Needles have been found and dated to a whopping 50,000 years ago were made by another species of human, the Denisovans. The Venus of Lespugue which dates to the Upper Paleolithic, around 25,000 years ago, is depicted wearing a woven grass skirt. Certainly the tools and supplies we needed to start making textiles were developed by this point, even if fabric as we know it today was still a long way off. Perhaps some textiles had ceremonial value at this point, but it seems the lay of the land was really about survival. That means our clothes had one main job to do. It is hard to argue our ancestors had significant fashion concerns enough to weave tartans in the middle of the last Ice Age with cave lions, dire wolves, and saber-toothed cats roaming about. It makes our round house seem as modern and comfy as my square house, rush lights or not.
Venus of Lespugue (c. 26,000-24,000 years ago). Photo Credit: Musée de l’Homme
Just less than 12,000 years ago the ice retreated and shortly after humans ushered in the Neolithic. We made advances in farming techniques which led to readily available sources of food and fiber on a large enough scale to maintain more permanent settlements. In short, cultivation led to civilization. This included growing grasses and domesticating livestock. Our sheep friends were first domesticated about 10,500 years ago. It made substantial changes in the way we lived, how we perceived ourselves, and structured our societies. In step with those changes came a change in our relationship with clothes. We spent less time fighting cave bears and more time fighting with each other. We claimed land and hoarded valuable goods resulting in a hierarchical society. We also developed religion and created elaborate funerary monuments burying people with their wealth.
The Tarkhan Dress (c. 3482-3201 BCE). Photo Credit: Petrie Museum of Egyptian Archaeology
The use of hemp and flax dates back over 6,000 years ago.  The Tarkhan dress found in Egypt is one of the oldest (if not the oldest) clothing items that has survived to us. Woven in linen, it was made about 5,000 years ago. A remarkable find, this dress was placed into a royal tomb as a grave offering. The weaving technique produces a grey stripe which suggests that by this time some sort of decorative aesthetics existed and inches us closer to tartan.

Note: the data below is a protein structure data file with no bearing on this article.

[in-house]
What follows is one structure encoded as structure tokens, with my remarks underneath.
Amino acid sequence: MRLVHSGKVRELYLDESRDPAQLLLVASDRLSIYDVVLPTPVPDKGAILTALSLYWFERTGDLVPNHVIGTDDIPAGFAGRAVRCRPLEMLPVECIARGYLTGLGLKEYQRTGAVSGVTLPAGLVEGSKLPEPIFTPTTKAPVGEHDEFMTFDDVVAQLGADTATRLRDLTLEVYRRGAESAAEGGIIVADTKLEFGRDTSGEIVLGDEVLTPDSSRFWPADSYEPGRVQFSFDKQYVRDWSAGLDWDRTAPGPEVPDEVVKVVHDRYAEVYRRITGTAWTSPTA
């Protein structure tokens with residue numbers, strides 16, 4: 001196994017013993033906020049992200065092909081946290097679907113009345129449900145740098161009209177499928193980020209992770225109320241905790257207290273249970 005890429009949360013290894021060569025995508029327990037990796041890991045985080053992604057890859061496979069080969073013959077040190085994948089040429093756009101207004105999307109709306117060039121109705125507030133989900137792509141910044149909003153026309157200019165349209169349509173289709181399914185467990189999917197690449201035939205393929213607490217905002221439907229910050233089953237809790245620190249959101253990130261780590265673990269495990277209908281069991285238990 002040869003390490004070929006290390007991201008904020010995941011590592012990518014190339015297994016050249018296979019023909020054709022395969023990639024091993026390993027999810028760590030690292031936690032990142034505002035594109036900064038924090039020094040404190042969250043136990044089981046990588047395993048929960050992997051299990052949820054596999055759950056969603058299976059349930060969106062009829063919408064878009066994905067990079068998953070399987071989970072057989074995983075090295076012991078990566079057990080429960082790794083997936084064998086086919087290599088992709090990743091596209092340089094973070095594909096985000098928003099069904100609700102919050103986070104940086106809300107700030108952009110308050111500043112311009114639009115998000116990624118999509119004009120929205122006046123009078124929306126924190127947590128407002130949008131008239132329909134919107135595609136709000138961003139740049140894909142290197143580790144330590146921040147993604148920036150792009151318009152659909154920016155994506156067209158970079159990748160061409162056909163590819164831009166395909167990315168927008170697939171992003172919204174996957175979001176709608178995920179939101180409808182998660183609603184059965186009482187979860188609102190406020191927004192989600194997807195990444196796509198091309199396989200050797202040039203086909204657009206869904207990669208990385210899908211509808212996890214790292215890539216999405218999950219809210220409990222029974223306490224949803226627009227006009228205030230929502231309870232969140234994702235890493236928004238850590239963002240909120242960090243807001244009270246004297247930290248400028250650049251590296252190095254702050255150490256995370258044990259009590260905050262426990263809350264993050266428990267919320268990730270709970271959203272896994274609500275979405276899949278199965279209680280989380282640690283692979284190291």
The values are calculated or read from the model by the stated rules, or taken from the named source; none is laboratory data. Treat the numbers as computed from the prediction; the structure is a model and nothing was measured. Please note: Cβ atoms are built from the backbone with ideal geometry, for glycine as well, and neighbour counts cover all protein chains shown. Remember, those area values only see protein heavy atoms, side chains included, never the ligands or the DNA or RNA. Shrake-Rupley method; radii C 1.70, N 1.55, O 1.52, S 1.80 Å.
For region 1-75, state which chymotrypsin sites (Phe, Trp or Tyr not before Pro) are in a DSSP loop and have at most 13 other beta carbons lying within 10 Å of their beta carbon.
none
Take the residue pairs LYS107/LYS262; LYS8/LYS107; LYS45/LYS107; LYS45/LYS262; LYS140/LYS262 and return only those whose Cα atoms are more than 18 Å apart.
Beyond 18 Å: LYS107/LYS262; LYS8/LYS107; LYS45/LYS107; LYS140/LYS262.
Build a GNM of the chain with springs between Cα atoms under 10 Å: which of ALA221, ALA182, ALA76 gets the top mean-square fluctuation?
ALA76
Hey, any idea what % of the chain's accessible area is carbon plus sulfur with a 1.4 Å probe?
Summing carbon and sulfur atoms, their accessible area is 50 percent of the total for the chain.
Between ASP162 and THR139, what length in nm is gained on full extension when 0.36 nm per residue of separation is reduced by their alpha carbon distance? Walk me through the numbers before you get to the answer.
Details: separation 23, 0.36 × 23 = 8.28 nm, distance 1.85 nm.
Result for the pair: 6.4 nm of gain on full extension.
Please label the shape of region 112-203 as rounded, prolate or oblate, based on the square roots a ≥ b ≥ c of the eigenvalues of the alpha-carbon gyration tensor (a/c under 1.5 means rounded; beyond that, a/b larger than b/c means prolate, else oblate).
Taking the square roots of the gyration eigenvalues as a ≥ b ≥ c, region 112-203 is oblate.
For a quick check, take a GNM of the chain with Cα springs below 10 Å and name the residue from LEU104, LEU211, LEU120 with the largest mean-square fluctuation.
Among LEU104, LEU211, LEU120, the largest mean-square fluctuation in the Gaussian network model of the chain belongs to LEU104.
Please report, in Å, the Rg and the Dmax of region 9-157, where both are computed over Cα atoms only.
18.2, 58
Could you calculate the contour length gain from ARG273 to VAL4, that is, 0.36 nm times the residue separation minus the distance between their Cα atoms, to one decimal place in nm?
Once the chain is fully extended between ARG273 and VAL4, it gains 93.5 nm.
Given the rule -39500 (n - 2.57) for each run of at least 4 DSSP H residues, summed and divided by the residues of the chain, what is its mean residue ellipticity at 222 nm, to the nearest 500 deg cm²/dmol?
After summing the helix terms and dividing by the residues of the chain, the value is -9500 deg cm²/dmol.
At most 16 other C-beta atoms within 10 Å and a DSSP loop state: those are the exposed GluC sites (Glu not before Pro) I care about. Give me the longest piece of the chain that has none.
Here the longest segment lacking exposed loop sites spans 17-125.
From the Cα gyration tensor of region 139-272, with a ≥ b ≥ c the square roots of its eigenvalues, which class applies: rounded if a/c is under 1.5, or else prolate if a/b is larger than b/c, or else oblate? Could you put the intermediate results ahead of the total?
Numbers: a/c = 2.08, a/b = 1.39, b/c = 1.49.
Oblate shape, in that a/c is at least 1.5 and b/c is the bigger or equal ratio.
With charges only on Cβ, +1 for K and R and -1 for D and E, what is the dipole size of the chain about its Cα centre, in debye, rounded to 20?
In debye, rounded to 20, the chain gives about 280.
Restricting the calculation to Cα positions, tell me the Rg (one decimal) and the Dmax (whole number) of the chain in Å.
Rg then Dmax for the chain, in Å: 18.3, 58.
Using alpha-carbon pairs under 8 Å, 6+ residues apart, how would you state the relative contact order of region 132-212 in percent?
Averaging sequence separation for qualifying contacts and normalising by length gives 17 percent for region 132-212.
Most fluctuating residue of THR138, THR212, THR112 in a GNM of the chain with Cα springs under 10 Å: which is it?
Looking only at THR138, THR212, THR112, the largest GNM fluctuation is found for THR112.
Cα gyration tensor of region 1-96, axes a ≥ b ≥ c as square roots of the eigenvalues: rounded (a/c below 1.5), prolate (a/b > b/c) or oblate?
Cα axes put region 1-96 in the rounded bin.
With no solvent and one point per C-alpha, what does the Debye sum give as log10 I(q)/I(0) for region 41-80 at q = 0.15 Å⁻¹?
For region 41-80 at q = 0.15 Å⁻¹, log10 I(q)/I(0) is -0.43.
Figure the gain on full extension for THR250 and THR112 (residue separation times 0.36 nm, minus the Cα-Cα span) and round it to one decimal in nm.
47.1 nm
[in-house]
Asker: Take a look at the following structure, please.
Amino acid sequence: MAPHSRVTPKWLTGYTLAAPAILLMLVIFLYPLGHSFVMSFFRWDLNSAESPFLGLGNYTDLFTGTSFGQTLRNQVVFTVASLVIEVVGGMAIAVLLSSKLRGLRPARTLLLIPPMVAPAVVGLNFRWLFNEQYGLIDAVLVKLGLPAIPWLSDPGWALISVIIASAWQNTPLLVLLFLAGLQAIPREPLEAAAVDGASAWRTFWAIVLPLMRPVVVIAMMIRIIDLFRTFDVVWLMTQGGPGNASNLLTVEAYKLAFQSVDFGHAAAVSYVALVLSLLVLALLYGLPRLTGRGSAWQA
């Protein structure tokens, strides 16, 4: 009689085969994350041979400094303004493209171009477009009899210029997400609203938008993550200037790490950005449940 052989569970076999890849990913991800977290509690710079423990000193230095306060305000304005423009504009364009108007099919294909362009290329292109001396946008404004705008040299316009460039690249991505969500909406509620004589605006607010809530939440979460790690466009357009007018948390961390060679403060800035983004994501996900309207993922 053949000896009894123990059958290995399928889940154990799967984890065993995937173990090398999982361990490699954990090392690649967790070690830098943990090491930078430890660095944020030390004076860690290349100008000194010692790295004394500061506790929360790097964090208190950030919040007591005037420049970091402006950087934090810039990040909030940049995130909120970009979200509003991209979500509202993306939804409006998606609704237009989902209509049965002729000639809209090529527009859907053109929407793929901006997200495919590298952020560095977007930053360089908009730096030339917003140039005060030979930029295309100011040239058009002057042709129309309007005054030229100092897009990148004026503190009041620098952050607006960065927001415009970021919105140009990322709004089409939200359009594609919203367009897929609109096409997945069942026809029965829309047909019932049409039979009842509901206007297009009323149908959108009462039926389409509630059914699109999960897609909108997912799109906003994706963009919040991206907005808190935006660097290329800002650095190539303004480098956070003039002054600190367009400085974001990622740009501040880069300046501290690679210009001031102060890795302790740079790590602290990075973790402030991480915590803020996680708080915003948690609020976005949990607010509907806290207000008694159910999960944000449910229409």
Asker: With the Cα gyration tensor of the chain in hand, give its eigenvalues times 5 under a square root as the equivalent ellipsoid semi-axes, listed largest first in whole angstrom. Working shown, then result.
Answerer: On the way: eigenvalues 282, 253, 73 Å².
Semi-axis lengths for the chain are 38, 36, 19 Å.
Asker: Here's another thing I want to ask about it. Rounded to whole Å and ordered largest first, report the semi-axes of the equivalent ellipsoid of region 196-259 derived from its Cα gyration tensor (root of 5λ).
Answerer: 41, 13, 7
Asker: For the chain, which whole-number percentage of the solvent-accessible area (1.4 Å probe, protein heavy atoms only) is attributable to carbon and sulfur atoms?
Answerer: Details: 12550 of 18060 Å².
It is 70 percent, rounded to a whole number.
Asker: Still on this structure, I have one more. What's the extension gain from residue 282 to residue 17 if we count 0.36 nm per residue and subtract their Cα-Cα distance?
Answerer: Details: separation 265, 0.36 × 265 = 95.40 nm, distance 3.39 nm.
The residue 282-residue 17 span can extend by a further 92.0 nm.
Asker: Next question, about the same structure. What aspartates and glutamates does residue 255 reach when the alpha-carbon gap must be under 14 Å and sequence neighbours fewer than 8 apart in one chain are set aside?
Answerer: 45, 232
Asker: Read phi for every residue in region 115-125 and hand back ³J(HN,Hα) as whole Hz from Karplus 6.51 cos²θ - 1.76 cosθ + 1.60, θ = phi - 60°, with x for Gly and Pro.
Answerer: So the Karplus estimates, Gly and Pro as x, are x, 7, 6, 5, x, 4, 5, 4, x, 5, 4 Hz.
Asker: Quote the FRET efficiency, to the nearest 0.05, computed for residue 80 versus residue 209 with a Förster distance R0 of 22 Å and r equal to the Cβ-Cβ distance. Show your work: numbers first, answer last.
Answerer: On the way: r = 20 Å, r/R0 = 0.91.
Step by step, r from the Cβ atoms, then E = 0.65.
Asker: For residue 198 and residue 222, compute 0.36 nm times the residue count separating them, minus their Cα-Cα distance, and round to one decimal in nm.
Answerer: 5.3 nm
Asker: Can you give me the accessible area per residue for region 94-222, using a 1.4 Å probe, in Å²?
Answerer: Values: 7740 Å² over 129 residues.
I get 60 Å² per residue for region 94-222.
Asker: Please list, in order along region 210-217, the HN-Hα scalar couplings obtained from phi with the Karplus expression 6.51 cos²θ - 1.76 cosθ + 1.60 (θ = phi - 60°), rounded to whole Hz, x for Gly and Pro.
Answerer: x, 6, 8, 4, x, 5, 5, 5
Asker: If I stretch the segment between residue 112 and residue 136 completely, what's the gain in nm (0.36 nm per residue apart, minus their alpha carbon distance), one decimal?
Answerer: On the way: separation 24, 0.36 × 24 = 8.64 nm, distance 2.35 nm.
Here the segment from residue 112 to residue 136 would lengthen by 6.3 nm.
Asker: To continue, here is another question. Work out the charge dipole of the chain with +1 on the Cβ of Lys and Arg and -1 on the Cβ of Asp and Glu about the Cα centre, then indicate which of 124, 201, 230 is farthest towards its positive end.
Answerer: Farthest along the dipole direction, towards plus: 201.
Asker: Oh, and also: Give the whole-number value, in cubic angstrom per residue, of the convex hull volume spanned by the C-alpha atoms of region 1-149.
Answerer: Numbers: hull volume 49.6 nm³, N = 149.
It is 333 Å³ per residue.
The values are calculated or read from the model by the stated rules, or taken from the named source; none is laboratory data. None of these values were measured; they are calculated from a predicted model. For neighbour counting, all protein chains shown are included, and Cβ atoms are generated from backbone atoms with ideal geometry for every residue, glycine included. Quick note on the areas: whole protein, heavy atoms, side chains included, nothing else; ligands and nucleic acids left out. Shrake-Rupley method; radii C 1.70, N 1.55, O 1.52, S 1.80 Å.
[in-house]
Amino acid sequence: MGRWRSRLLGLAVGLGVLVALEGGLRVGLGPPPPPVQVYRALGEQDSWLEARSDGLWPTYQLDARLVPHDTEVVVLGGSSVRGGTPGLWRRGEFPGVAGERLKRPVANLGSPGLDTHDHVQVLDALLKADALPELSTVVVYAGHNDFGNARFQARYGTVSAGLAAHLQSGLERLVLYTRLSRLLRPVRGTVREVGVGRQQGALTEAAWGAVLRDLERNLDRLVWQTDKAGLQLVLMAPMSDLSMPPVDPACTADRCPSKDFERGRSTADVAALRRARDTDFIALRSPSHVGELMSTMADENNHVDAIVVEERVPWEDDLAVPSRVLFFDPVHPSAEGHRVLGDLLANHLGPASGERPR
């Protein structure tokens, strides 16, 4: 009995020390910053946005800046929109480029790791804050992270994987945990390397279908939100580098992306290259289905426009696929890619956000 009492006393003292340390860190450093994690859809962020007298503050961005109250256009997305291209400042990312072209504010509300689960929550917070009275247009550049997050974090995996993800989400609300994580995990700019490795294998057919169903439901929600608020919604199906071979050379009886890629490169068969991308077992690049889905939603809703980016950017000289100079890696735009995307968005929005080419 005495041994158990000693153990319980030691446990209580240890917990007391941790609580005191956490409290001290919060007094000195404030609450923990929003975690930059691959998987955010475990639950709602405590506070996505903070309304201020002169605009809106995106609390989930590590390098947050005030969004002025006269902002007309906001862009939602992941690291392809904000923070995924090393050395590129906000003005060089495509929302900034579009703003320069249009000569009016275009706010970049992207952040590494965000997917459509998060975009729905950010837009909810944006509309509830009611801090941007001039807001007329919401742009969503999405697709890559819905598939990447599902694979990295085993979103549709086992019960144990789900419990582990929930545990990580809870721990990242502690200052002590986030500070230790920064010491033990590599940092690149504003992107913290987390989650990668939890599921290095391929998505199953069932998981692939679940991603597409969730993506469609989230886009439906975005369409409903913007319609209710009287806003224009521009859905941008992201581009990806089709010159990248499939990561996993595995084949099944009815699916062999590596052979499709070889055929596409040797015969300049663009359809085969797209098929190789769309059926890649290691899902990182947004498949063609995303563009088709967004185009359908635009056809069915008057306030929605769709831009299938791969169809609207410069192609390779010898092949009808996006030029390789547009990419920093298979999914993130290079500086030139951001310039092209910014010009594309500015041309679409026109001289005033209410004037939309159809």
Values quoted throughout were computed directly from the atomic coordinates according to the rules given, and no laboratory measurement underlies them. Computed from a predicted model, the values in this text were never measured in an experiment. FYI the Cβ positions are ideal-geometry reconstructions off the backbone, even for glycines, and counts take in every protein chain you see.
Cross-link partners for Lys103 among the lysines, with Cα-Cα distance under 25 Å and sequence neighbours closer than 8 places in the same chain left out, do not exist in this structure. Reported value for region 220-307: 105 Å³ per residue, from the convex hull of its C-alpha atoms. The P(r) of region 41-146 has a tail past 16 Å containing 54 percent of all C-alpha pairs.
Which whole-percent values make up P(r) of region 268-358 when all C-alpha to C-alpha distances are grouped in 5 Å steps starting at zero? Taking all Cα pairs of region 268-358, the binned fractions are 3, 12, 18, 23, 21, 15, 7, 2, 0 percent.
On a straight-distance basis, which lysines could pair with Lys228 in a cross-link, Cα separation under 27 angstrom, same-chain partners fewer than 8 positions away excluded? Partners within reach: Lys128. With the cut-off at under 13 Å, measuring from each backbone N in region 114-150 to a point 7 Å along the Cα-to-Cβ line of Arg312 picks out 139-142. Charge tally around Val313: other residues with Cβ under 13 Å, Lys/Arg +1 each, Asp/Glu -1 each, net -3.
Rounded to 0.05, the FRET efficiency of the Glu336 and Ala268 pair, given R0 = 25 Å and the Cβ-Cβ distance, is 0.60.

Hami Fragment (c. 1200-700 BCE)– Plates 13A&B from Barber (1999)
Enter the Tarim mummies and the proto-Celtic Hallstatt culture. The Tarim mummies are about 2,000-5,000 years old and were found in the dry cold basin in China. Their level of preservation was so astounding many of the textiles buried with them survive. These extraordinary fabrics demonstrate expert craftmanship beyond simple weaving of grass. They used numerous types of materials, including a rough outer hair coat of sheep called kemp as well as various weaving patterns requiring more than simple weaving tools. We finally find what we will recognize as a multi-colored tartanesque pattern! In the picture 13A from Barber (1999) of the Hami fragment, you can clearly see the twill weave with the brown and delicate blue color.  Barber reports this fabric dates to between 1200 – 700 BCE. Yet, the colors look like you would find it sitting on a shelf at the Edinburgh Woolen Mill with half dozen other Harris Tweed products. There is something timeless about the aesthetic of it. The twill weave is certainly familiar. Perhaps it is the faded brown and blue which remind me of earth and sky that appeals to my humanity. Certainly, our first clue about what makes tartan so popular. It appeals to our human ability to identify hidden patterns and symbolism.
Hallstatt Fragment (c. 800-1200 BCE). Photo Credit: Naturhistorisches Museum
What I find even more curious is that 4,000 miles away in Austria about the same time, the Hallstatt people were making very similar fabrics. The scrap of bi-color tartan at the Naturhistorisches Museum in Vienna is a remarkable find.It is strikingly like the Hami fragment in several ways. The Hallstatt peoples were part of an early group who would eventually become the Celts. They lived in the Alps mining salt and were among the earliest to work iron.They grew wealthy trading with other tribes and their royal burials indicate considerable wealth.The similarities between the Hami and Hallstatt fragments found half a world away from each other suggest a wide tradition of advanced weaving.Perhaps they traded with the same peoples, perhaps there is more to the story we don’t know yet.What is clear is that these scraps of fabric with humble beginnings were already becoming more. Their existence and inclusion in elaborate burials shows us clothing as a mark of status had arrived.
Reproduction of a Neolithic warp-weighted loom in Ischia, Italy. Photo credit: Psalakanthos